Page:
ArsTechnica reported today on the proposed Square Kilometer Array (SKA) radio telescope and it’s data requirements. IBM is in collaboration with the Netherlands Institute for Radio Astronomy (ASTRON) to help develop the SKA called the DOME project.
When completed in ~2024, the SKA will generate over an exabyte a day (10**18) of raw data. I reported in a previous post how the world was generating an exabyte-a-day, but that was way back in 2009.
What is the SKA?
The new SKA telescope will be a configuration of “millions of radio telescopes” which when combined together will create a telescope with an aperture of one square kilometer, which is no small feet. They hope that the telescope will be able to shed some light on galaxy evolution, cosmology and dark energy. But it will go beyond that to investigating “strong-field tests of gravity“, “origins and evolution of cosmic magnetism” and search for life on other planets.
But the interesting part from a storage perspective is that the SKA will be generating a “few exabytes a day” of radio telescopic data for every full day of operation. Apparently the new radio telescopes will make use of a new, more sensitive detector able to generate data of up to 10GB/second.
How much data, really?
The team projects final storage needs at between 300 to 1500 PB per year. This compares to the LHC at CERN which consumes ~15PB of storage per year.
It would seem that the immediate data download would be the few exabytes and then it would be post- or inline-processed into something more mangeable and store-able. Unless they have some hellaciously fast processing, I am hard pressed to believe this could all happen inline. But then they would need at least another “few exabytes” of storage to buffer the data feed before processing.
I guess that’s why it’s still a research project. Presumably, this also says that the telescope won’t be in full operation every day of the year, at least at first.
The IBM-ASTRON DOME collaboration project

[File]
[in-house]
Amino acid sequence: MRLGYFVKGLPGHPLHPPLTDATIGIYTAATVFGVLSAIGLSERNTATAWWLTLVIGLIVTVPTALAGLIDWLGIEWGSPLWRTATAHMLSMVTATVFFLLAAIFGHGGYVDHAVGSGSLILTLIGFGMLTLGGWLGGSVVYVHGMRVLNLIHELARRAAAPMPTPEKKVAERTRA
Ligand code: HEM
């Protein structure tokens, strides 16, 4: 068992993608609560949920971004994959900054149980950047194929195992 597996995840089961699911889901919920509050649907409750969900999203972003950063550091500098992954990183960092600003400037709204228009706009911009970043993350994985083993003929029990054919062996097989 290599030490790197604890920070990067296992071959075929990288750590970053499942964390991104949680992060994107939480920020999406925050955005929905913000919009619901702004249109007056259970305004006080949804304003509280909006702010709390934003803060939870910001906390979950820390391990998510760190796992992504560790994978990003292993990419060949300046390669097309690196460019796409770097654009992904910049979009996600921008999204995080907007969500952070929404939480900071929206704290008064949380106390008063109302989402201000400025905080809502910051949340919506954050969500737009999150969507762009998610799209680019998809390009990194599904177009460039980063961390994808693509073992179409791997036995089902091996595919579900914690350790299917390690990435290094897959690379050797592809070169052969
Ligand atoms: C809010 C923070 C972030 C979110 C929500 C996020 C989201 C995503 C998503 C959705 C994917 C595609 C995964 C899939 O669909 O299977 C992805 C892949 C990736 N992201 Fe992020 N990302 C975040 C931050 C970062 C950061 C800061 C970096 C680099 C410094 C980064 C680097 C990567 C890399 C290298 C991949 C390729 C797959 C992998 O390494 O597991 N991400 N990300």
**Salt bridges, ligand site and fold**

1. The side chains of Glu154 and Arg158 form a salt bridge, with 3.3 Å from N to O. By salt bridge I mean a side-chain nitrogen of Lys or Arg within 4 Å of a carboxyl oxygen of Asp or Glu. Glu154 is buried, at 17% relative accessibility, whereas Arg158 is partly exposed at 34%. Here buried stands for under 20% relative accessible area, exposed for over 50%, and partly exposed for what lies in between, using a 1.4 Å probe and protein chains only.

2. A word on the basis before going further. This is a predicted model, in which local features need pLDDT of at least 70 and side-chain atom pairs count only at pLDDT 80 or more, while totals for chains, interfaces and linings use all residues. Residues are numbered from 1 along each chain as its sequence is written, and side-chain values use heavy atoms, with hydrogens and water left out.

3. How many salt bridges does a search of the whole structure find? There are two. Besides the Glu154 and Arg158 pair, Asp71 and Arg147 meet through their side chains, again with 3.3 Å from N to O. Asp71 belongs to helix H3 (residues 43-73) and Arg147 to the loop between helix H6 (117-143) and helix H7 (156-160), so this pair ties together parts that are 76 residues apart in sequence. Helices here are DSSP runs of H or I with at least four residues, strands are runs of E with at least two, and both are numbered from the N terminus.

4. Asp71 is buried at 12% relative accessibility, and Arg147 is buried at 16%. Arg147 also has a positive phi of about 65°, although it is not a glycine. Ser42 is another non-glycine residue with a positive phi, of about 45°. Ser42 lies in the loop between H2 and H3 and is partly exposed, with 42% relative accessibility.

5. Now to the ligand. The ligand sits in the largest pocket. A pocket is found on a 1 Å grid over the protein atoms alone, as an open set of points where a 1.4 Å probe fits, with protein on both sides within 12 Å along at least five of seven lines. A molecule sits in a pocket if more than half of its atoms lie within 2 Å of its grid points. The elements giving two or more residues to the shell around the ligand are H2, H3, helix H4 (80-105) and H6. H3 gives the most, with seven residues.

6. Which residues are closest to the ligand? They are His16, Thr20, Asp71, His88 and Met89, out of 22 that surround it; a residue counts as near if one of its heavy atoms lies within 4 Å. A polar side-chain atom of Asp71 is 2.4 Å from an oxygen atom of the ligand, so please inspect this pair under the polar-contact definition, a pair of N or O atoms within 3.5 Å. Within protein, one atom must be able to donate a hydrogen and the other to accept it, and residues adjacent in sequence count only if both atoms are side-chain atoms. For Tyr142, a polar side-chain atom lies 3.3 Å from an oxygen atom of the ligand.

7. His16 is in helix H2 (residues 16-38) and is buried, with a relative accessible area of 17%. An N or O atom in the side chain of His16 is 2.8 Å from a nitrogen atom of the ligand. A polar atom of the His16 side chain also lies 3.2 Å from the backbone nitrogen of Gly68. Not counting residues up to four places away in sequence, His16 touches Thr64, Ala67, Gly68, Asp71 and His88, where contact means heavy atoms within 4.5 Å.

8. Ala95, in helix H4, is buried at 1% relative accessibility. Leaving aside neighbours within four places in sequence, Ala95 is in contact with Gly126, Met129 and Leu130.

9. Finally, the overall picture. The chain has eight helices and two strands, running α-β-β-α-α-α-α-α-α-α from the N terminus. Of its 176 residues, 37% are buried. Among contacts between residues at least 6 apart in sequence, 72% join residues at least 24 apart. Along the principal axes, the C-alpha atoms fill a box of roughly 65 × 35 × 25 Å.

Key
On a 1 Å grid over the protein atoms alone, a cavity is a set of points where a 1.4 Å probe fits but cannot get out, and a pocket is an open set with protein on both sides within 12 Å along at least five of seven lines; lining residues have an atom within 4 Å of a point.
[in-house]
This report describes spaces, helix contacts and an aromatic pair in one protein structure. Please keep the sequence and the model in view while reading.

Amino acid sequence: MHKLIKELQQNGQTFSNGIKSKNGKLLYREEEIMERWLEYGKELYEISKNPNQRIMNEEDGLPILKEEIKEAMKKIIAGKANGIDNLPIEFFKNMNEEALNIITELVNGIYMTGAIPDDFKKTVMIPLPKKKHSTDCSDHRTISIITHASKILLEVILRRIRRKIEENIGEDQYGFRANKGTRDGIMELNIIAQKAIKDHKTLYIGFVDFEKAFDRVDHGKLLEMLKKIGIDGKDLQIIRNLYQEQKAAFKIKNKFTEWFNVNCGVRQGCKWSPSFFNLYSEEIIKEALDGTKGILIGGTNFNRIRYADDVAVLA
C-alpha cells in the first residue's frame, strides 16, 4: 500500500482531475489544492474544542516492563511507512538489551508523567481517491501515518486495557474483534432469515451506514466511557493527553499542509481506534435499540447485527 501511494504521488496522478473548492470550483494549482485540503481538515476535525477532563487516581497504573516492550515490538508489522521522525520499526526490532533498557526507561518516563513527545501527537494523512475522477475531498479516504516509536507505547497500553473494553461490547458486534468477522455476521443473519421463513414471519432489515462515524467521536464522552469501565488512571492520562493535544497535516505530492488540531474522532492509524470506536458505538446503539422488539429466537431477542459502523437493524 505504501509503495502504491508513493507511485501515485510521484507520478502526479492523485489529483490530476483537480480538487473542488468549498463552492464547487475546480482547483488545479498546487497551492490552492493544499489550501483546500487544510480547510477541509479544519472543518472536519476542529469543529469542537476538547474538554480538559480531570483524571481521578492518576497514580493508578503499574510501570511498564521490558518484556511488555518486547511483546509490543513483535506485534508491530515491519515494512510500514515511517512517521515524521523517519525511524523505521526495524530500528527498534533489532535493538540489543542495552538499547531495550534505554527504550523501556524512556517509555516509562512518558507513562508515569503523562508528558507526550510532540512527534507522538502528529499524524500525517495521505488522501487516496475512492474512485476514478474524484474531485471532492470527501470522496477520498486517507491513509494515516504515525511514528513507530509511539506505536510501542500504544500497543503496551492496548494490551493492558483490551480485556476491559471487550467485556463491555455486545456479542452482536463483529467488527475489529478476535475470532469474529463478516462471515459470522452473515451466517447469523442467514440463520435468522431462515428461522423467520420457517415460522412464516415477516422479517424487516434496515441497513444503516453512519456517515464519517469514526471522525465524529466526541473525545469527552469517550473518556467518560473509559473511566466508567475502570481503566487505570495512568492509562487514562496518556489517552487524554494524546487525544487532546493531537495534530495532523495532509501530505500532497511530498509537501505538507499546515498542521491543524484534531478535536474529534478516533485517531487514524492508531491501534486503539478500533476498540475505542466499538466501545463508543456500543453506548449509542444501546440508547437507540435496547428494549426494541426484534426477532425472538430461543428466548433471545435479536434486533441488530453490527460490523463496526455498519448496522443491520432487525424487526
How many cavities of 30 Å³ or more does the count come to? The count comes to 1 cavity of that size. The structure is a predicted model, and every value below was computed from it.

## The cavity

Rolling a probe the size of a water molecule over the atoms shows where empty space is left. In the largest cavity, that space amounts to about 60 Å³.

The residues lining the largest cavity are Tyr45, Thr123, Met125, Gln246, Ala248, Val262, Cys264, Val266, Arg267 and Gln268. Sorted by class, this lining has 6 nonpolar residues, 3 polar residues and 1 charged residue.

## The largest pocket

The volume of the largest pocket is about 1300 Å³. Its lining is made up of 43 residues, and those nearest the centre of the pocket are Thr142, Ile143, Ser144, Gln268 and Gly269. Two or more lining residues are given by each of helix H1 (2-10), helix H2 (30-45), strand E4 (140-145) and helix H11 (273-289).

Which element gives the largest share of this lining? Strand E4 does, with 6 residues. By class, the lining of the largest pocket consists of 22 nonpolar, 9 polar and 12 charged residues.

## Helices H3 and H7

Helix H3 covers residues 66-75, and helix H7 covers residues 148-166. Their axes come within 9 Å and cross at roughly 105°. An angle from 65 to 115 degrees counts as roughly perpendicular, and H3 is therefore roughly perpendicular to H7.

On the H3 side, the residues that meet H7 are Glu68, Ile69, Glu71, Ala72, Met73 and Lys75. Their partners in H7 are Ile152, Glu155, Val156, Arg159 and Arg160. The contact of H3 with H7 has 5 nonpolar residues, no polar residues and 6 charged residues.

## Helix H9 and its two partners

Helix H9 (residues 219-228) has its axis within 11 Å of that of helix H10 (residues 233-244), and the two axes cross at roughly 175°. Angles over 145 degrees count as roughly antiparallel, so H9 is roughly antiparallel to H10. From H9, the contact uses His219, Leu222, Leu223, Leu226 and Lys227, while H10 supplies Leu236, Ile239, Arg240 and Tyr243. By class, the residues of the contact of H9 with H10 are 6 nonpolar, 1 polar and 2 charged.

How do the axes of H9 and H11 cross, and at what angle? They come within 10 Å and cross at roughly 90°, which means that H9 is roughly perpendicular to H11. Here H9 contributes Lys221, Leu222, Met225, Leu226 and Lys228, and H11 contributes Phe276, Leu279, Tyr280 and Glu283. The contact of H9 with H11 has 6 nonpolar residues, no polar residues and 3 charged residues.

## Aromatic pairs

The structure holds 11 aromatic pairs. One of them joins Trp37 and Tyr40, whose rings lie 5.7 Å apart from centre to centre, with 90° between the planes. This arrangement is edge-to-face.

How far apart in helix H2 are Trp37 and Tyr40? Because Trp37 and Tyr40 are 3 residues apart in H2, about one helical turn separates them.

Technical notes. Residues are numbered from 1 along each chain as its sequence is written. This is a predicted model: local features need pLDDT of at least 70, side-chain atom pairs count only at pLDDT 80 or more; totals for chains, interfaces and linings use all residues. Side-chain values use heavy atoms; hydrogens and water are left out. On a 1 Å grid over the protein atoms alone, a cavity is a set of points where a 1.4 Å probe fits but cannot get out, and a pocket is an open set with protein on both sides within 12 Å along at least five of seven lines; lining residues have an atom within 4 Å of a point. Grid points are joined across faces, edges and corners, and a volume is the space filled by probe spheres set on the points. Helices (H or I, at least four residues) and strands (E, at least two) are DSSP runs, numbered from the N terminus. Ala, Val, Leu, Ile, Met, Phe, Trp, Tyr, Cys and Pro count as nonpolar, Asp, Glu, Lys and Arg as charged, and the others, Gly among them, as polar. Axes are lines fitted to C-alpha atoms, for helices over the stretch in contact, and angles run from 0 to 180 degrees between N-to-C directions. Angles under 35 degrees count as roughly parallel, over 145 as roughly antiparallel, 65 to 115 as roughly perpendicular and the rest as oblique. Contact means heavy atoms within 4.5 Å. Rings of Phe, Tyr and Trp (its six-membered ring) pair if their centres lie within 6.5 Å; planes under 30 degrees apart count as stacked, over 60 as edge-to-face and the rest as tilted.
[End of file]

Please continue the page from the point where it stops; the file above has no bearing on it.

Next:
The joint research project was named for the structure that covers a major telescope and for a famous Swiss mountain. Focus areas for the IBM-ASTRON DOME project include:
- Advanced high performance computing utilizing 3D chip stacks for better energy efficiency
- Optical interconnects with nanophotonics for high-speed data transfer
- Storage for both high access performance access and for dense/energy efficient data storage.
In this last focus area, IBM is considering the use of phase change memories (PCM) for high access performance and new generation tape for dense/efficient storage. We have discussed PCM before in a previous post as an alternative to NAND based storage today (see Graphene Flash Memory). But IBM has also been investigating MRAM based race track memory as a potential future storage technology. I would guess the advantage of PCM over MRAM might be access speed.
As for tape, IBM has already demonstrated in their labs technologies for a 35TB tape. However storing 1500 PB would take over 40K tapes per year so they may need another even higher capacities to support SKA tape data needs.
Of course new optical interconnects will be needed to move this much data around from telescope to data center and beyond. It’s likely that the nanophotonics will play some part as an all optical network for transceivers, amplifiers, and other networking switching gear.
The 3D chip stacks have the advantage of decreasing chip IO and more dense packing of components will make efficient use of board space. But how these help with energy efficiency is another question. The team projects very high energy and cooling requirements for their exascale high performance computing complex.
If this is anything like CERN, datasets gathered onsite are initially processed then replicated for finer processing elsewhere (see 15PB a year created by CERN post. But moving PBs around like SKA will require is way beyond today’s Internet infrastructure.
Big science like this gives a whole new meaning to BIGData. Glad I am in the storage business. Now just what exactly is nanophotonics, mems based phote-electronics?